Bob Dylan is one of the greatest songwriters in music in pop history, of course you will never see him on a greatest singers list. So it is no surprised that many of his songs went on to be hits for other artists (and in some cases becoming the definitive version) like Jimi Hendrix, The Byrds, Eric Clapton, Billy Joel; Adele even did one of his songs on her debut album. Bon Iver's Justin Vernon is another great songwriter who singing is not as good, and the annoying vocoder does not help, most notably on Skinny Love.

Enter YouTube: an acoustic version of Skinny Love has been done by every wannabe singer with an account. Seriously, simple YouTube search will land you “about 851,000 results.” Of the hundreds of thousands of versions out there, the unequivocal winner of the Best Skinny Love cover came from Birdy. The fifteenyear old British singer gave a classical sound to the song while singing over a sparse piano accompaniment reminiscent to Adele’s Someone Like You.

Her debut album had more of the same, sparse versions of songs that deserved more acknowledgements to mixed results. Songs like White Winter Hymnal (Fleet Foxes) and Shelter (The xx) were almost as beautifully as Skinny Love but it was a complete fail when she tried to slow down and class up Young Blood (The Naked and Famous) and managed to strip the song of all its youthful energy. Something you would never think an actually teenage would do.

At age seventeen, Birdy released her sophomore album Fire Within filled with her own material, some co-written with the biggest producers of the past decade incusing Ryan Tedder, Sia, Dan Wilson, and Mumford and Sons’ Ben Lovett. The US release finally came out this week and is basically the Bristish version with Skinny Love tacked on first and another song from the first album added as the final track.

Predictably Tedder gives Birdy a pop star makeover on Wings and Words as Weapons, the former is as loud and boring as you would expect from a Tedder assisted track. The latter starts out more acoustic, almost Mumford, before overproducing the song making it sound like one of the cheap Mumford style dance songs that are starting to get annoying. The Sia produced song Strange Birds is also predictably Sia in that it turns into the weirdest, darkest song on the album. It sours so high that all it needs is some more strings and it could pass as a Bond theme.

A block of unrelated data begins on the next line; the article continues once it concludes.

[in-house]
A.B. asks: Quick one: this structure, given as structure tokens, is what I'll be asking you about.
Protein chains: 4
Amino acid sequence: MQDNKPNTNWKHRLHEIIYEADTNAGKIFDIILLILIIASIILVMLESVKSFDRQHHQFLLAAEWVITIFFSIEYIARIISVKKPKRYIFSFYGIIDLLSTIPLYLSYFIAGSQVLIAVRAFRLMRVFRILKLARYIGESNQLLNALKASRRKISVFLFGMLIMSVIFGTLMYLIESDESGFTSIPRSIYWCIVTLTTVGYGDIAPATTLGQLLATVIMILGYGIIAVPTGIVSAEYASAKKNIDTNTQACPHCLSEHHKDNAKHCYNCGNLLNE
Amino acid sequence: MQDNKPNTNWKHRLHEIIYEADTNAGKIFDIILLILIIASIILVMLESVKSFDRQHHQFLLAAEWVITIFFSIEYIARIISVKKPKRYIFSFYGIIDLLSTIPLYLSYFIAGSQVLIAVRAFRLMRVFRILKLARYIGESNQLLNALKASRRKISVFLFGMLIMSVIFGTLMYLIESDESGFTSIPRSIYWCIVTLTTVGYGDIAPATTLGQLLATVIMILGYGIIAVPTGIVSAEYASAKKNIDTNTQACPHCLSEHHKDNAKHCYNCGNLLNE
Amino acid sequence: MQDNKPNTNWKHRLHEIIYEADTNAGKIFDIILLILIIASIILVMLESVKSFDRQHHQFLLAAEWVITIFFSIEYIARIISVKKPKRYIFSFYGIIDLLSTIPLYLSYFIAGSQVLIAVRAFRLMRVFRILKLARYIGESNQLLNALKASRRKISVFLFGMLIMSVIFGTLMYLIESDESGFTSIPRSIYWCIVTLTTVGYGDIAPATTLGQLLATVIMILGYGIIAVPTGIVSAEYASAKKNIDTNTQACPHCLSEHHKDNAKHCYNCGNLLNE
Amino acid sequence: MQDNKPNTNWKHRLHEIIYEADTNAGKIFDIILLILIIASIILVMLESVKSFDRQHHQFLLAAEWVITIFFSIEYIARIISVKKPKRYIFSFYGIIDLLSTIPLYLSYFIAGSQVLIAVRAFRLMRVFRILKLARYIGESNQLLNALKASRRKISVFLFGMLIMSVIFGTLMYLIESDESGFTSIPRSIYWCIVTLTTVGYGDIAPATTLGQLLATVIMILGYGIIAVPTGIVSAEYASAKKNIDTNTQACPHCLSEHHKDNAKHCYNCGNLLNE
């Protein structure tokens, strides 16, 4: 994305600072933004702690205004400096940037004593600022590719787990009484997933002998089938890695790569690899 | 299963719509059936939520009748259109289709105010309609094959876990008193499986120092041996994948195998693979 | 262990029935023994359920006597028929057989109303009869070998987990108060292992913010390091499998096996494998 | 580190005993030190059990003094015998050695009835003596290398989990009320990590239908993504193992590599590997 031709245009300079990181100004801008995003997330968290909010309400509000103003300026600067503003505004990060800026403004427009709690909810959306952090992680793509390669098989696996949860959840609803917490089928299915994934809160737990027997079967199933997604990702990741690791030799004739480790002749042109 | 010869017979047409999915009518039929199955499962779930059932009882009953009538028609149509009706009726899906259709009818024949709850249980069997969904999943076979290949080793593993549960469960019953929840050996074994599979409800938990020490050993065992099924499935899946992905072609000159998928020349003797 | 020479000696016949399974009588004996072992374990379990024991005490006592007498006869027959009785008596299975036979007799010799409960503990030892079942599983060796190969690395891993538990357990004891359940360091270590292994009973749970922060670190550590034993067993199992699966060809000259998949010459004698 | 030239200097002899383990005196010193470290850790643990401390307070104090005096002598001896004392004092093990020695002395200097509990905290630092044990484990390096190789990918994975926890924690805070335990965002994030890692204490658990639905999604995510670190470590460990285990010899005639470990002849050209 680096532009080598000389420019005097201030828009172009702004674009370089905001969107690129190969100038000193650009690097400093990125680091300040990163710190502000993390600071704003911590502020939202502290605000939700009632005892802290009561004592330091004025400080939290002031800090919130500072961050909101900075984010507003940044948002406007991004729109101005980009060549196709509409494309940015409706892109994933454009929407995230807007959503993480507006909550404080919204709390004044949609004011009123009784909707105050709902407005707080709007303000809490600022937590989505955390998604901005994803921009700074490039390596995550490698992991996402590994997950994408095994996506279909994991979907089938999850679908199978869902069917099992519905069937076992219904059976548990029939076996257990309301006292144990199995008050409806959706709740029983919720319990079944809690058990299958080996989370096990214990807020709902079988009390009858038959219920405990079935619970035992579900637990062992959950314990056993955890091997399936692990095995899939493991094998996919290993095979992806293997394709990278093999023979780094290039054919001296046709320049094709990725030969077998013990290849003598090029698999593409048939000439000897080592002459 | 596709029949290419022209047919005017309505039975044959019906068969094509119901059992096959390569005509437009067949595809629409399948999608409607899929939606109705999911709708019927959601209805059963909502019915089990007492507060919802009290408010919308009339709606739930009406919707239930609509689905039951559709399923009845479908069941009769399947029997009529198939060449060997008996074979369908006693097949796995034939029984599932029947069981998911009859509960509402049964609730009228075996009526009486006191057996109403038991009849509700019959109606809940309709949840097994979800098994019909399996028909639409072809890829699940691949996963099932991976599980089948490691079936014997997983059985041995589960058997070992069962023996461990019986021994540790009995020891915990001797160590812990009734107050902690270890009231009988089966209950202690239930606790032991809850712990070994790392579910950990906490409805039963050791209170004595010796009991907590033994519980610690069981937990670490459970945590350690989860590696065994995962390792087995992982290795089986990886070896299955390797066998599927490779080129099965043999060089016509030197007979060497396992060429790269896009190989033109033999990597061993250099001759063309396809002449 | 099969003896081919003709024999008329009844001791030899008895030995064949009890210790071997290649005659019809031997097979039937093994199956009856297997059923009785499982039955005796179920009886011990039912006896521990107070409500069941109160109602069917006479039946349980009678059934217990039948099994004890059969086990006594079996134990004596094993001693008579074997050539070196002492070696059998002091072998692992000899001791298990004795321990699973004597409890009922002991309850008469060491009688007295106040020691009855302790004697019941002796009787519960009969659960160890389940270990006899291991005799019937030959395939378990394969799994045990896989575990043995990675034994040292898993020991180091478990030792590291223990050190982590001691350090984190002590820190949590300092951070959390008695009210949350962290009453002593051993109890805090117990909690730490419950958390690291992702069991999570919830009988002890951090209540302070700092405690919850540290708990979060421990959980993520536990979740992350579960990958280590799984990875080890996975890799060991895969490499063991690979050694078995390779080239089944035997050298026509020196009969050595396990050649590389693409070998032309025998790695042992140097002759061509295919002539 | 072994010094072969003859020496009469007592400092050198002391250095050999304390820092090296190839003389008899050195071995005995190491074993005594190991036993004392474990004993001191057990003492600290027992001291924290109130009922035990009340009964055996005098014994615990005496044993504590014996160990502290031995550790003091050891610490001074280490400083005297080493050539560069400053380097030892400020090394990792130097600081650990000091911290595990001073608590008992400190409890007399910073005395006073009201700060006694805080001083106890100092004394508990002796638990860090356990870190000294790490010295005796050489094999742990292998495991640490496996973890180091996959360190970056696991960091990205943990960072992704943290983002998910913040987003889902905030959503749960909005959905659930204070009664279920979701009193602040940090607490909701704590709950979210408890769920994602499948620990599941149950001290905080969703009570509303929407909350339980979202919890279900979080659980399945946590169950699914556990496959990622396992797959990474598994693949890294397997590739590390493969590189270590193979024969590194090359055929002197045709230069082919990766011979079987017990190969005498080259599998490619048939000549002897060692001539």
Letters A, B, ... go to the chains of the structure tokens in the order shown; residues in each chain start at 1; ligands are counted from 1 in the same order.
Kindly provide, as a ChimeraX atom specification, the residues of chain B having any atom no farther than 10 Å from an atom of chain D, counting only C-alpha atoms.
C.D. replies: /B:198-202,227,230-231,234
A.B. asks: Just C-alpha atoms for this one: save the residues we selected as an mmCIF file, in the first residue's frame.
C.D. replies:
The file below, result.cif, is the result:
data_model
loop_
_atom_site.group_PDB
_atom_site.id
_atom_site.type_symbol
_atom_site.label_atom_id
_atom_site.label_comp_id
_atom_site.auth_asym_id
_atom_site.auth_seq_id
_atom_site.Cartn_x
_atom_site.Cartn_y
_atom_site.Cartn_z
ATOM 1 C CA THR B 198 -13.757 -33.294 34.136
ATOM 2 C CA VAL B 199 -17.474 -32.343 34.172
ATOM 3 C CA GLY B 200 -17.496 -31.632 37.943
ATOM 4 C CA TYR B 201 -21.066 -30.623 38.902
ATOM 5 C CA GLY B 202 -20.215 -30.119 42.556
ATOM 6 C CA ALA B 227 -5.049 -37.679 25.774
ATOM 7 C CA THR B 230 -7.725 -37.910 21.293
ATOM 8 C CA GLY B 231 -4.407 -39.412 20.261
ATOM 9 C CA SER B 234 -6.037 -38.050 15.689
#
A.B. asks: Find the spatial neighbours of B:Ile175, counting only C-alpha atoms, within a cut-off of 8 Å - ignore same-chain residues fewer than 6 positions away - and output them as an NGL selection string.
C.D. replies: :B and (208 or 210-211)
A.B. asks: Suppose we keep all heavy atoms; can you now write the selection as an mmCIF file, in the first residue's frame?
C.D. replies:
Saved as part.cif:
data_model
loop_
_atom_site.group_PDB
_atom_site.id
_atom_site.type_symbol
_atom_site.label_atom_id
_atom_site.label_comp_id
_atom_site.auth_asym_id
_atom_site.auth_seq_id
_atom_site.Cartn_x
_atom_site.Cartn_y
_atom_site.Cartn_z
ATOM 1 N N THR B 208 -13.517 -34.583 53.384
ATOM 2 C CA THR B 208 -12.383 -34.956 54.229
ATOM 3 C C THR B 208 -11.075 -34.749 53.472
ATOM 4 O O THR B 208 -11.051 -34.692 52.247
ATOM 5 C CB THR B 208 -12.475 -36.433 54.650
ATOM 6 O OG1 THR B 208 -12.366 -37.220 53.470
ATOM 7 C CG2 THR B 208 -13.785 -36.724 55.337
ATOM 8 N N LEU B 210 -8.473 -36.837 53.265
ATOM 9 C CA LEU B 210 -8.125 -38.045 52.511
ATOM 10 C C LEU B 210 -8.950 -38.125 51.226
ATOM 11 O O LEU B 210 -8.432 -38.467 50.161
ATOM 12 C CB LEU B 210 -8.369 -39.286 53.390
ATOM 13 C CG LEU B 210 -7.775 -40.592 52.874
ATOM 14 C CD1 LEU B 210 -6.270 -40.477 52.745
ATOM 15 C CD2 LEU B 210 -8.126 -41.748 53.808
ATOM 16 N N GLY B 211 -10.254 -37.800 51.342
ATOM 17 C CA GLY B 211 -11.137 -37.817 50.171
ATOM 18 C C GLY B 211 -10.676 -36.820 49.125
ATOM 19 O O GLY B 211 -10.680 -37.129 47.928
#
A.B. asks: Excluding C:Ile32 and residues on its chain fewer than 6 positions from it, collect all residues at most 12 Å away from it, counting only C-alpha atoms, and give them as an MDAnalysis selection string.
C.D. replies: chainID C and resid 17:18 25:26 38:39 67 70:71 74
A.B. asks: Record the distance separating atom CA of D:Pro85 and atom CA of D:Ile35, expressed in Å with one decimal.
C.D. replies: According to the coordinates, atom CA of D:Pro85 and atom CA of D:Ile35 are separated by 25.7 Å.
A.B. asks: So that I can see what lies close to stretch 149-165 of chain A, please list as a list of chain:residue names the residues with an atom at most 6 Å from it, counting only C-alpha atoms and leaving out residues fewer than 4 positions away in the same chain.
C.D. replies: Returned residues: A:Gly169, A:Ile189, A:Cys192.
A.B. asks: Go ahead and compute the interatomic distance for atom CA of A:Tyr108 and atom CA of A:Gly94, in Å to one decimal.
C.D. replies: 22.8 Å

Also playing his part is Wilson, who actually wrote Someone Like You, who helps out on the piano ballad All You Never Say. His other contribution is Maybe, a bouncy acoustic track where for the first (and really only time) in two albums Birdy actually sounds like a teenager and ends up being a much better pop song than the two that Ryan Tedder overproduced. The third track Wilson helped out on, All About You, another sweet and stripped out mid temp song and another album standout. If her first album was showing the world she has a beautiful voice, the second album was trying to fit it within the current pop landscape. Hopefully by the third she find its but she is heading in the right direction when not working with Ryan Tedder.

Song to Download – Maybe

Fire Within gets a Terror Alert Level: Elevated [YELLOW] on my Terror Alert Scale.

Sunday, June 01, 2014

Like Ma Bell I Got the Ill Communication

Ill Communication - Beastie Boys

It seems like every other week this year there has been another twentieth anniversary retrospective of a landmark album (compared to this year where so far, unless The Black Keys album ages well, there really has not been one yet). The most recent much ballyhooed anniversary was for Ill Communication. With Check Your Head, these were the two “weird albums” from the Beastie Boys that fit in very well with the early nineties explosion of hip-hop and alternative rock. After Ill Communication, which is this month’s induction into the Scooter Hall of Fame, the trio went back to mostly straight hip-hop for their (presumably) last three lyrical based albums.

Even though the Beastie Boys started out as a punk band and there was plenty of live instrumentations on Check Your Head, no one was expecting Sabotage as the first single off the album. The song managed to rock harder than most songs it shared time with on alt-rock radio stations. Ad Rock just let go of all his anger in three short minutes while the highlight of the song was the MCA bass breakdown which was the highlight of any of their live shows (their performance remains one of the greatest in VMA history). The song sat right in the middle of the album with similar, short, punk songs Tough Guy and Heart Attack Man at the beginning and end o the album.